Coaching has seen a huge rise in popularity in recent years. You can now find coaches that specialize in every area of life from executive business and leadership coaches to personal development coaches and wellness coaches.
Executive coaching has gone from no-one knowing what it was, through a phase of having a stigma attached, to the point it’s at now, where both empirical and anecdotal evidence show the personal and organizational benefits of leadership coaching.
To understand what executive coaches do you first need to understand what executive coaching is.
What is Executive Coaching?
Executive coaching is a versatile and powerful tool that is highly personalized and focuses on one-to-one conversations between coach and client. It is an investment in an organization’s most valuable asset, its leaders, and can have remarkable results.
Executive coaching has been shown to improve leadership skills and management performance by drawing on a coach’s inherent wisdom and strengths, while at the same time allowing them to recognize areas that require further development.
Coaching can have a profound effect on your ability to clarify and communicate your goals, as well as improving the way executives collaborate with their teams and view their work.
Coaching is seen as a valuable tool for learning and development not least because of the personalized approach and the fact that it is client-led. Executive coaching is not about prescribing solutions but rather it is about empowering executives to find their own way forward.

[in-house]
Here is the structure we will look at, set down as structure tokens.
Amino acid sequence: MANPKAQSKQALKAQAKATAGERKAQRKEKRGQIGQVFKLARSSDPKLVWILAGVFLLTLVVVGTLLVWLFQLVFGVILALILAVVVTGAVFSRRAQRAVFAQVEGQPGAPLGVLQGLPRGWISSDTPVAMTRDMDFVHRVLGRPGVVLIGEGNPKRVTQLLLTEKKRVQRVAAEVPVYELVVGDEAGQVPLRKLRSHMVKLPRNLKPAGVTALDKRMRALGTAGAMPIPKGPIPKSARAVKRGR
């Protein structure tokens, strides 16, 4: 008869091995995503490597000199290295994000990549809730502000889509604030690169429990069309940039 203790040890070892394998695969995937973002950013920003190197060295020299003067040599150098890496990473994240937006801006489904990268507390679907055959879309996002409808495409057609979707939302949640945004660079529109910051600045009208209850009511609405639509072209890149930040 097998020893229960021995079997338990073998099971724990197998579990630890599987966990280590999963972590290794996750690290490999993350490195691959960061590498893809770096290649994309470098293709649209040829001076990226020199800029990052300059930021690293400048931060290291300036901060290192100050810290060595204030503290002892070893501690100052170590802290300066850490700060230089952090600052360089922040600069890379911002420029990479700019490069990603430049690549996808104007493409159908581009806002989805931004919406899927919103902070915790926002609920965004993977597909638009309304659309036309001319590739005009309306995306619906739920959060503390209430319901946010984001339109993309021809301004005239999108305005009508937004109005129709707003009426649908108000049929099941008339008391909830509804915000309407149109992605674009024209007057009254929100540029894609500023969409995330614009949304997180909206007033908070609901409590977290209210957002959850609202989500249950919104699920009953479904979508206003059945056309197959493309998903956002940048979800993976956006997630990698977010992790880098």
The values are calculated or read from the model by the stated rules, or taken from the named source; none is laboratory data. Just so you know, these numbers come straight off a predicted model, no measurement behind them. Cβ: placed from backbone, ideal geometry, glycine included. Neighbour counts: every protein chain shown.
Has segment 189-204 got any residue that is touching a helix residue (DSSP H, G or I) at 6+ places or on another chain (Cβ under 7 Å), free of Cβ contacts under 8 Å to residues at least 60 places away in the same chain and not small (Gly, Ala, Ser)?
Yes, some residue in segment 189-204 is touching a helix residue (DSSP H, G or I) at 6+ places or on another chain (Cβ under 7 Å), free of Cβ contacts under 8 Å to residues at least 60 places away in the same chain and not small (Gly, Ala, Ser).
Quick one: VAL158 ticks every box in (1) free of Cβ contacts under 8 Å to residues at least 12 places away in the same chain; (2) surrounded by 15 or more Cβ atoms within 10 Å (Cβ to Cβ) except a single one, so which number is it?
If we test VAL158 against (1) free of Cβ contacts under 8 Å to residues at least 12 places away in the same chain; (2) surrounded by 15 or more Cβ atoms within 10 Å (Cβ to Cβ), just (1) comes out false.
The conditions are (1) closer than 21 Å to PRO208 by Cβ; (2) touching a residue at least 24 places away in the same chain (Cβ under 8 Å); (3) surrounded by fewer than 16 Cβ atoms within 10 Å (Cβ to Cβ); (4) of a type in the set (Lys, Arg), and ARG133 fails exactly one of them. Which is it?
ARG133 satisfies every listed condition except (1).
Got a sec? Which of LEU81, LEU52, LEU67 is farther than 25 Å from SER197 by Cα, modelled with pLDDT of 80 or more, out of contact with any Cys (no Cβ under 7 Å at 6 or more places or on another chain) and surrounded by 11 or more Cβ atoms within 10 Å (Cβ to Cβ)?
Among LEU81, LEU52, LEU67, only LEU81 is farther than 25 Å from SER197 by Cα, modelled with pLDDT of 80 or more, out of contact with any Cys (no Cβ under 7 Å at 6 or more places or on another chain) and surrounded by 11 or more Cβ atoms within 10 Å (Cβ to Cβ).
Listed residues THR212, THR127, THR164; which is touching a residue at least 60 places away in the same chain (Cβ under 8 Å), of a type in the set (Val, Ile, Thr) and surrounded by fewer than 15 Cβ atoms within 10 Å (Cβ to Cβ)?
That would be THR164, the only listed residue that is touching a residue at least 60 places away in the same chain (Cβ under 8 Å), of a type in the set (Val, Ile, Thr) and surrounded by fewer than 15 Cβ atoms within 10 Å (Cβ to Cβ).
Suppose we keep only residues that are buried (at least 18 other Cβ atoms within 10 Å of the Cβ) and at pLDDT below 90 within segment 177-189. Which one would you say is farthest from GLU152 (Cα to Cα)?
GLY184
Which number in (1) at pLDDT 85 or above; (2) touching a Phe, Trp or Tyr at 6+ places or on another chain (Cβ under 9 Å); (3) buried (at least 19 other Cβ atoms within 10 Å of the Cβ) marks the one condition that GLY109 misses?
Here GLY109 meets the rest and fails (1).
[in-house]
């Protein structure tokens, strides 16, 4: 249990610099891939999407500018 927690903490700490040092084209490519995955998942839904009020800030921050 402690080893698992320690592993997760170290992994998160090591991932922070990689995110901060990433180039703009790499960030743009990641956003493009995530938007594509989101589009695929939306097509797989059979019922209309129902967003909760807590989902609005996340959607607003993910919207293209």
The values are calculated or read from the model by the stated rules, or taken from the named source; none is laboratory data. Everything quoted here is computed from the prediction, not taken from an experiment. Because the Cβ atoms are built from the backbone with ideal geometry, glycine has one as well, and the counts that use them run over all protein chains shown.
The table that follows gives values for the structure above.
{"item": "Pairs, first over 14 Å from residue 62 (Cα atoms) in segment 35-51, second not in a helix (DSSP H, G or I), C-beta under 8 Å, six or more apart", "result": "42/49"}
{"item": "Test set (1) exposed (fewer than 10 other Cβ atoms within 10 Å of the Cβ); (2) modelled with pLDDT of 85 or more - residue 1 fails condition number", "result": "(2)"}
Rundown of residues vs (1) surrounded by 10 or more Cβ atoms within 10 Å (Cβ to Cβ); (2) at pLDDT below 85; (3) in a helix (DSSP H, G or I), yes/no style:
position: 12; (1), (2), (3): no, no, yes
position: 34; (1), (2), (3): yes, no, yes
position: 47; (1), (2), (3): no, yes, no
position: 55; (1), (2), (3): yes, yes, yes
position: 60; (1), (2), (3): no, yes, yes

What do Executive Coaches do?
If you engage the services of an executive coach there are number things you can expect.
A coaching session or program will usually start with a thorough 360-degree assessment. An interview-style conversation to ascertain the desired outcomes, current circumstances, ideas, emotions, potential solutions and limitations.
You will then work together to agree on a detailed action plan that provides a pathway to achieving those outcomes. Your coach can be your sounding board for ideas and provide a safe space, but also give honest feedback helping you see how others may view you and identify areas for growth.
An executive coach can also be the first person you go to when difficult situations arise. Talking through issues with a neutral party can give huge clarity and coaches can teach you tools for dealing with difficult situations leading to changes in attitudes and behavior that will have ongoing sustainable impacts.
What Executive Coaches don’t do.
One important thing to realize with executive coaching or any coaching for that matter, is that you have to be coachable for it to work. One of the key outcomes of successful coaching is improved self-awareness, the achievement of which can be an uncomfortable process.
Executive coaches act as a catalyst for growth and development in highly motivated individuals.
Coaches are not consultants, although many are experts in the fields in which they coach.
Coaches are also generally not therapists. They are not there to look at the past or to diagnose or treat dysfunctions, but they are generally skilled in asking the right questions to help tackle difficult issues and achieve optimum performance.